wheat harvest 2

Higher wheat prices: But when?

Foreign 2018/19 consumption is projected to be 1.6 billion bushels greater than 2018/19 foreign production

Two reasons for $5 wheat during the 2018 Oklahoma and Texas harvests were an acute shortage of milling quality wheat and 2018 harvested wheat with above 12 percent protein and 60 pound test weight.

Two reasons to predict $5.75, or higher, 2019/20 prices are an expected acute shortage of milling quality wheat and harvested wheat above 12 percent protein and 60 pound-plus test weight.

A documented fact is that one reason Oklahoma’s 2017/18 wheat marketing year prices averaged $3.98 was because the average protein for the 2016 crop was 11 percent and the average protein for the 2017 crop was 10.9 percent. The majority of the world’s 2017/18 hard wheat production also contained relatively low protein.

The world’s protein shortage is expected to continue into the 2019/20 wheat marketing year. U.S. 2018 hard red winter (HRW) wheat production is projected to be 661 million bushels, while use is projected to be 839 million bushels, 178 million bushels more than production.

U.S. hard red spring (HRS) wheat production is projected to be 583 million bushels, and use is projected to be 587 million bushels. With more hard red wheat being used than produced, 2018/19 marketing year ending stocks are expected to again contain relatively low protein.

 

WHEN’S THE INCREASE?

The same scenario can be presented for foreign wheat. The market entered the 2017/18 marketing year with relatively low protein. Foreign 2018/19 consumption is projected to be 1.6 billion bushels greater than 2018/19 foreign production.

Now that it has been established that all the relatively high protein wheat harvested in 2018 will be used, June 2019 wheat prices should be $5.75 or higher. The question becomes: When will wheat prices increase?

Wheat prices should increase as soon as export demand increases. The USDA projects 2018/19 marketing year U.S. HRW exports to be 375 million bushels, the same as last year. U.S. HRS wheat exports are projected to 295 million bushels, which compares to 229 million bushels last year. At this writing, 2018/19 marketing year U.S. HRW wheat export sales are 68.3 million bushels (38 percent) less than last year’s exports.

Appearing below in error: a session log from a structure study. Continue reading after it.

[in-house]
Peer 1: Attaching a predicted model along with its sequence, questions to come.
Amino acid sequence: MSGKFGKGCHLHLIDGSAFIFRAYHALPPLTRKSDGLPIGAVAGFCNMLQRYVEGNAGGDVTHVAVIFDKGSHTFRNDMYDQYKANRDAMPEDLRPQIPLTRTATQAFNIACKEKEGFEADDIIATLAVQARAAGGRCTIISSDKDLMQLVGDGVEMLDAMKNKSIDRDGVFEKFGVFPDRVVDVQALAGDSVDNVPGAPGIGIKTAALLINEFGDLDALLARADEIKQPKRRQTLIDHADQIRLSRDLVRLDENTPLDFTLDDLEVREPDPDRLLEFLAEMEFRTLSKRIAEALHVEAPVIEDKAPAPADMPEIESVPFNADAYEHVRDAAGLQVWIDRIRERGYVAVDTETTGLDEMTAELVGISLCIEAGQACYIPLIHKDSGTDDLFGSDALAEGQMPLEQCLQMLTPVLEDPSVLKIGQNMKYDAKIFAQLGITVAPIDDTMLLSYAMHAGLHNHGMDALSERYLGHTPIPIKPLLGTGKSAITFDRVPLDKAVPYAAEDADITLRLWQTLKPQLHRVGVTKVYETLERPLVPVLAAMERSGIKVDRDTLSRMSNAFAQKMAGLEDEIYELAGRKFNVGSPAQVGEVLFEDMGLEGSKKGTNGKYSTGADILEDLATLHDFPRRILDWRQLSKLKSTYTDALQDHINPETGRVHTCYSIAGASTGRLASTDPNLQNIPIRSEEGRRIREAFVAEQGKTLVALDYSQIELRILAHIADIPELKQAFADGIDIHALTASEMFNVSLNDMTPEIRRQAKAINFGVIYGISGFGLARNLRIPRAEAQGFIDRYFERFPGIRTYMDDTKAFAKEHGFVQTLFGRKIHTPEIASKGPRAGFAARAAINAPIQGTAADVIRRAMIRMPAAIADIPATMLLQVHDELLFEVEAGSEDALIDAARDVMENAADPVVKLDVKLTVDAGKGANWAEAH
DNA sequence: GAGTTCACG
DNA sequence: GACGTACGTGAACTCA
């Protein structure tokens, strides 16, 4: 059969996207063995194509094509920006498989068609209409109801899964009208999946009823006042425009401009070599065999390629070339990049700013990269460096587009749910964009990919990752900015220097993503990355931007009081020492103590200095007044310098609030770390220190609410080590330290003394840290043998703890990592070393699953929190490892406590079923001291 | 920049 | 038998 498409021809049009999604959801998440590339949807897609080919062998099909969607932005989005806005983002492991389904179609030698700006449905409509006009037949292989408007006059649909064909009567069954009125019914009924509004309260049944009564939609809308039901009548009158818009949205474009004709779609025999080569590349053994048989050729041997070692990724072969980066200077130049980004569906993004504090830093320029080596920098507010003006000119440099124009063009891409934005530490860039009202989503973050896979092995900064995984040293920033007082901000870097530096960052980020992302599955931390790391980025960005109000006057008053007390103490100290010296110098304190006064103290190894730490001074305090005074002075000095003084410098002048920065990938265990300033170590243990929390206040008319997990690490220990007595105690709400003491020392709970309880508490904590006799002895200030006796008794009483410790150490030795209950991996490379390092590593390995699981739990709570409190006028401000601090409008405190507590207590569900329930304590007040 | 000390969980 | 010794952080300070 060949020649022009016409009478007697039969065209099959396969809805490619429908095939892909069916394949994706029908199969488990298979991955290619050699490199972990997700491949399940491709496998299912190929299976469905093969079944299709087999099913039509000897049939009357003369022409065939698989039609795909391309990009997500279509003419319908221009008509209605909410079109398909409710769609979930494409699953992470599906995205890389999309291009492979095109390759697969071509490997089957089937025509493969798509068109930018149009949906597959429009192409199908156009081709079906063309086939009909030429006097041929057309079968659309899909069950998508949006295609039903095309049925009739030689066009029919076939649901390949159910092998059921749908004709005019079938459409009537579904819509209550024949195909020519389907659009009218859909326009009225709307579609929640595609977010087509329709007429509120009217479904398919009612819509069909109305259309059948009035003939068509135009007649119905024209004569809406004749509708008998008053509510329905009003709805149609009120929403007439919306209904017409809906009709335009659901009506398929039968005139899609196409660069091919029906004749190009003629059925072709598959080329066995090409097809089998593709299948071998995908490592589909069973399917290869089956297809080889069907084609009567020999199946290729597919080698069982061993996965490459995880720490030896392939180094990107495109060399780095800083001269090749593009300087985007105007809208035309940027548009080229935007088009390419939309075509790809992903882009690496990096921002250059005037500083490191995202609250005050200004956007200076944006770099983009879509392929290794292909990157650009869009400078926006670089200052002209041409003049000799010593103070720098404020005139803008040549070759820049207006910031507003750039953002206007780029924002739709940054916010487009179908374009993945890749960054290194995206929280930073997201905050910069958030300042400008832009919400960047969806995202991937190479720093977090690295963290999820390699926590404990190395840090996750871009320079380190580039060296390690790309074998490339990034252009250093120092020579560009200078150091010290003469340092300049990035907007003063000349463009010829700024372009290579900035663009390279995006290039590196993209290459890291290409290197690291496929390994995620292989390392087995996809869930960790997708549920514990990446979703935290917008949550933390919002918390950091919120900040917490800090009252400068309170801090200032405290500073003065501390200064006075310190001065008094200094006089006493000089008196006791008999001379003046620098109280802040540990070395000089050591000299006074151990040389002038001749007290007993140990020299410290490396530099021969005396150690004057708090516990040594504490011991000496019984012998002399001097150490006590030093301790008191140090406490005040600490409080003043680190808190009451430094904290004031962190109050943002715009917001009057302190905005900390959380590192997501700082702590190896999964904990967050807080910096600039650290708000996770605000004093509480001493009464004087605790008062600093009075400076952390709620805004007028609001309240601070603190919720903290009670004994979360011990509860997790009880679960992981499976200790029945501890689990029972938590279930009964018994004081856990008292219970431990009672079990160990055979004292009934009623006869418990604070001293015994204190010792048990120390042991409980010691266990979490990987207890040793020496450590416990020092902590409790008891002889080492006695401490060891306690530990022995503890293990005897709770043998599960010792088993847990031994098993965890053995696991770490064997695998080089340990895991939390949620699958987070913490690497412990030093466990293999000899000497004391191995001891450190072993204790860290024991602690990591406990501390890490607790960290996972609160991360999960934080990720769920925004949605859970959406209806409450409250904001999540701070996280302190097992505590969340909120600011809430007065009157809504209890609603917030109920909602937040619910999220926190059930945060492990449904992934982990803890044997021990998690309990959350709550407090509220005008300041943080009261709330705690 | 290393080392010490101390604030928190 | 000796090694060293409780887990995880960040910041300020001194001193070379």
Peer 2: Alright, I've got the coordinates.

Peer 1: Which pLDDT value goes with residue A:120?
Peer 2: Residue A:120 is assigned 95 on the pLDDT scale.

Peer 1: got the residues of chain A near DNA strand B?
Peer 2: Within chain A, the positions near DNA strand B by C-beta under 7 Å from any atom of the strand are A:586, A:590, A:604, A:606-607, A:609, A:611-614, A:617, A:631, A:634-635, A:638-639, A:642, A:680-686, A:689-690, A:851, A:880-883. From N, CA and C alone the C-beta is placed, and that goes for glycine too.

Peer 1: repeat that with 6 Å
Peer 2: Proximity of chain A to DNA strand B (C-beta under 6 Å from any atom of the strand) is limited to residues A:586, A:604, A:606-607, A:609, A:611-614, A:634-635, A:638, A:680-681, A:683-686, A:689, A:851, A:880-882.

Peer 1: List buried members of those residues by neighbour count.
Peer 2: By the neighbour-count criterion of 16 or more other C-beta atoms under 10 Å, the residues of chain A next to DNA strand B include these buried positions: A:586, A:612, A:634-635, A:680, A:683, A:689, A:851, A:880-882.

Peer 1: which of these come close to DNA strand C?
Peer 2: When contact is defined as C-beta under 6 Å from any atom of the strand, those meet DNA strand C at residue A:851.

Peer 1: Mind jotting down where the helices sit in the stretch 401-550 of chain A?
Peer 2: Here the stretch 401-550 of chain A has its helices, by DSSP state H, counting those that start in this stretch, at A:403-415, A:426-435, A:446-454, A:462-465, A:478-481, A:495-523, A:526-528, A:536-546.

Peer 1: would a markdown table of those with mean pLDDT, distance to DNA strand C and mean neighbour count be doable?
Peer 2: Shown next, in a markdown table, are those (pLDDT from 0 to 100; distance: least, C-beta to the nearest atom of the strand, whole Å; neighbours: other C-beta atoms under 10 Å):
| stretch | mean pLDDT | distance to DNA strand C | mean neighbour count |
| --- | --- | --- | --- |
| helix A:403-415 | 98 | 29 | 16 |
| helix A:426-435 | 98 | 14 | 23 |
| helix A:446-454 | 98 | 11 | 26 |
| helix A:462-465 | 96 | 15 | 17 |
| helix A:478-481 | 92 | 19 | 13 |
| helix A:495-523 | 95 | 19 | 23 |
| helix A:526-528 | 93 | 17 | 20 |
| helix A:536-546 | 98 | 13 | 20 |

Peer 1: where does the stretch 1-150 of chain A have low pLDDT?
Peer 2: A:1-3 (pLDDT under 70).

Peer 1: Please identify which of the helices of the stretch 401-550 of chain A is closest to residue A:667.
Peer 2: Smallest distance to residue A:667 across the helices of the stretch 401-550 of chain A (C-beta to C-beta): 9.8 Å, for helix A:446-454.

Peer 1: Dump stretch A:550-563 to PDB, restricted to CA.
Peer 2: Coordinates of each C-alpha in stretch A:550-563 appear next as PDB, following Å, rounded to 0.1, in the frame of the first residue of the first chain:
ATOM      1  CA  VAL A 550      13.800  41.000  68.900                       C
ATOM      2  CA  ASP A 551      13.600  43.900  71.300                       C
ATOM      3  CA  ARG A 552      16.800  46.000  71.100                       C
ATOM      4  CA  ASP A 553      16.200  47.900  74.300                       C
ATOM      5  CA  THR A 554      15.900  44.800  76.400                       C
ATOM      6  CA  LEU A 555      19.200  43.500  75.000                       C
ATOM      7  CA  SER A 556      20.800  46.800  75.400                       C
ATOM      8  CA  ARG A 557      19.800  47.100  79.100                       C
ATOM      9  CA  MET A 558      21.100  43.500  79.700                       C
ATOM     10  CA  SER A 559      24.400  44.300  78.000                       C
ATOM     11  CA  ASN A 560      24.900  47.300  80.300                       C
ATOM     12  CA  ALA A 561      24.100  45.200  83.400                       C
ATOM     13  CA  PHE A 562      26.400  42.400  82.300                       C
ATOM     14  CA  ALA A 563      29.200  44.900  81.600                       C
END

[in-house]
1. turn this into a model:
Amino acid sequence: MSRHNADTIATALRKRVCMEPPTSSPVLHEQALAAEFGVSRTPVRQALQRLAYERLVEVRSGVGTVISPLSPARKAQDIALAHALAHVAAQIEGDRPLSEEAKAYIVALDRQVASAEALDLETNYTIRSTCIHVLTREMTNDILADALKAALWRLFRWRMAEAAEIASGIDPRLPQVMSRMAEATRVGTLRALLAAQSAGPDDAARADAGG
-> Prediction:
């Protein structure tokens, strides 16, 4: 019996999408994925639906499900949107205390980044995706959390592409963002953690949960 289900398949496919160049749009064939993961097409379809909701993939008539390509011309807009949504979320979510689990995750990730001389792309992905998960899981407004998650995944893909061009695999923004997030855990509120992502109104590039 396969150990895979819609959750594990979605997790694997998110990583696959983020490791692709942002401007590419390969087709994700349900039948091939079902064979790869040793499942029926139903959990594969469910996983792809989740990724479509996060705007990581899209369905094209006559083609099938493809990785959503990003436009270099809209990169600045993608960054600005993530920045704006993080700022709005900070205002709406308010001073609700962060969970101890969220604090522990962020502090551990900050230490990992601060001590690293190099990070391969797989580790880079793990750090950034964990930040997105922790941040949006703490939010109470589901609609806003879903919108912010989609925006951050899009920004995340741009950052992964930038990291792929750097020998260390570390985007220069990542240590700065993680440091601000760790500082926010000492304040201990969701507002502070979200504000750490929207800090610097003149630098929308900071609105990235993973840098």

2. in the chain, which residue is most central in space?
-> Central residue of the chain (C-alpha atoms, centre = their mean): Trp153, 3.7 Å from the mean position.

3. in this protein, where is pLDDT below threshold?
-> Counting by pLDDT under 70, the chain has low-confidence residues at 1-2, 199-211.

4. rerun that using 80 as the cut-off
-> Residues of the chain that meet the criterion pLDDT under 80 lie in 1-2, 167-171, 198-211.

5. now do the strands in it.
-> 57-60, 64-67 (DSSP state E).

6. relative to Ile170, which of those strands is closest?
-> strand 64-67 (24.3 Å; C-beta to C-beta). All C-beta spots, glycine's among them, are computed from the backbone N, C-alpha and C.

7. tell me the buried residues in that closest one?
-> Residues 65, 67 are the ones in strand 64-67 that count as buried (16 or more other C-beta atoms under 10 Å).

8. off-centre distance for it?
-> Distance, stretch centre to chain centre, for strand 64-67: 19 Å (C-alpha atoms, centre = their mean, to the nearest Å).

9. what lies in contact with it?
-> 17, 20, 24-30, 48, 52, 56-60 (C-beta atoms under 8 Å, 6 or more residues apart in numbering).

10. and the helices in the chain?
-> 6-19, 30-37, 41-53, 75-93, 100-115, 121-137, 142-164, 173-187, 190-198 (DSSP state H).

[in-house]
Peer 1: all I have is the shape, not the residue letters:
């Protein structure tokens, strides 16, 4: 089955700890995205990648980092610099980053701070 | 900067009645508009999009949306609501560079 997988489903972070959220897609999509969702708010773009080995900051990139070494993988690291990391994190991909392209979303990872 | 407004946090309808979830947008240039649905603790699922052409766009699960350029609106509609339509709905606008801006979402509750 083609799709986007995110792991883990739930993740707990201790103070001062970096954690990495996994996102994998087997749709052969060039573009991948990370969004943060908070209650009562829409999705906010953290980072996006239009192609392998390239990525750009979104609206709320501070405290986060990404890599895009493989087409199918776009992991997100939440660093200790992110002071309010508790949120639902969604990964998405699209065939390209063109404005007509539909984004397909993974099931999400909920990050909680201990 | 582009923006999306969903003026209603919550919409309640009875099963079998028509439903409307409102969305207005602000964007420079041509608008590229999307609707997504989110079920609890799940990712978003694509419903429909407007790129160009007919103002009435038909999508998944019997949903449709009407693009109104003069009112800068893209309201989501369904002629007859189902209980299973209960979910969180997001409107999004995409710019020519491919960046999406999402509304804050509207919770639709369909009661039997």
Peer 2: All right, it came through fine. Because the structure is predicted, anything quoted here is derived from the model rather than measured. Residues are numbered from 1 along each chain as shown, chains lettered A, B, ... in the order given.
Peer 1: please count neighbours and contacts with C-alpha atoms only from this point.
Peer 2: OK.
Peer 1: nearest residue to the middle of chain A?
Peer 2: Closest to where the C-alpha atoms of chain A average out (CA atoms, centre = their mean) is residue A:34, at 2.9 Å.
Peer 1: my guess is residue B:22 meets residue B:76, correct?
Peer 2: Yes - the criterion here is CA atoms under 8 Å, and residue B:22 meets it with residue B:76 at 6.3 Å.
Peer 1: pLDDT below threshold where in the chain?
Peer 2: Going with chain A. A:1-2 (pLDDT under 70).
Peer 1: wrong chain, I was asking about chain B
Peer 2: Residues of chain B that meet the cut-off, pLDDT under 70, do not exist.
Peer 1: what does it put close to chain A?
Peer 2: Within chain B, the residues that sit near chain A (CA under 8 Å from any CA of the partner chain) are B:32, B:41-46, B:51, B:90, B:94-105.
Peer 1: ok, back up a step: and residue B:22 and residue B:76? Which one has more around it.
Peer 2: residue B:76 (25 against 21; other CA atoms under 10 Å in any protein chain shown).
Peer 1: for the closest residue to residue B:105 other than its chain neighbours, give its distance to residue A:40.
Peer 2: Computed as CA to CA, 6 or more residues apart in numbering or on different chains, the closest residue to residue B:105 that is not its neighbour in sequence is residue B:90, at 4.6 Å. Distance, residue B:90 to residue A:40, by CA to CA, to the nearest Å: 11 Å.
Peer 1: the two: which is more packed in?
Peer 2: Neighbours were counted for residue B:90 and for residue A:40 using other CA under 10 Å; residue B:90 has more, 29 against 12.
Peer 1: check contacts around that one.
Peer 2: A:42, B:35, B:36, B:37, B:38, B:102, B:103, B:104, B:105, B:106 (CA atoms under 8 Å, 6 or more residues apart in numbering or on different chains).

MORE EXPORT DEMAND

Export demand for U.S. HRW is expected to increase when the Black Sea region (Russia, and the Ukraine) has a limited amount of wheat to sell. Russia (27 percent), the Ukraine (13 percent), and Kazakhstan (7 percent) are projected to sell 46 percent of the world’s 2018/19 marketing year hard wheat sales. At this time, the Black Sea Region is the major determinant of world hard wheat export prices.

Because of lower production and quality of 2018 Russian and Ukrainian wheat, 2018/19 marketing year Black Sea wheat exports are projected to be 283 million bushels less than during the 2017/18 marketing year.

World wheat exports are projected to be 6.7 billion bushels, which is the same as last year.

Argentina’s wheat production (harvest starts in November) is projected to be 716 million bushels, compared to 661 million bushels last year. Argentine exports are projected to be 522 million bushels, 81 million bushels more than for 2017/18.

Australia’s wheat production (harvest starts mid-October) is projected to be 48 million bushels lower than 2017/18, and exports are projected to decline by 19 million bushels.

With Russia, the Ukraine, and Kazakhstan’s 283 million bushel reduction, Argentina’s 81 million bushel increase, and Australia’s 19 million bushel reduction, 221 million bushels of hard red wheat will be available for the U.S. or Canada to pick up.

U.S. hard red wheat export demand should increase starting as soon as early November, but most likely after the first of the year. With increased export demand should come higher prices.

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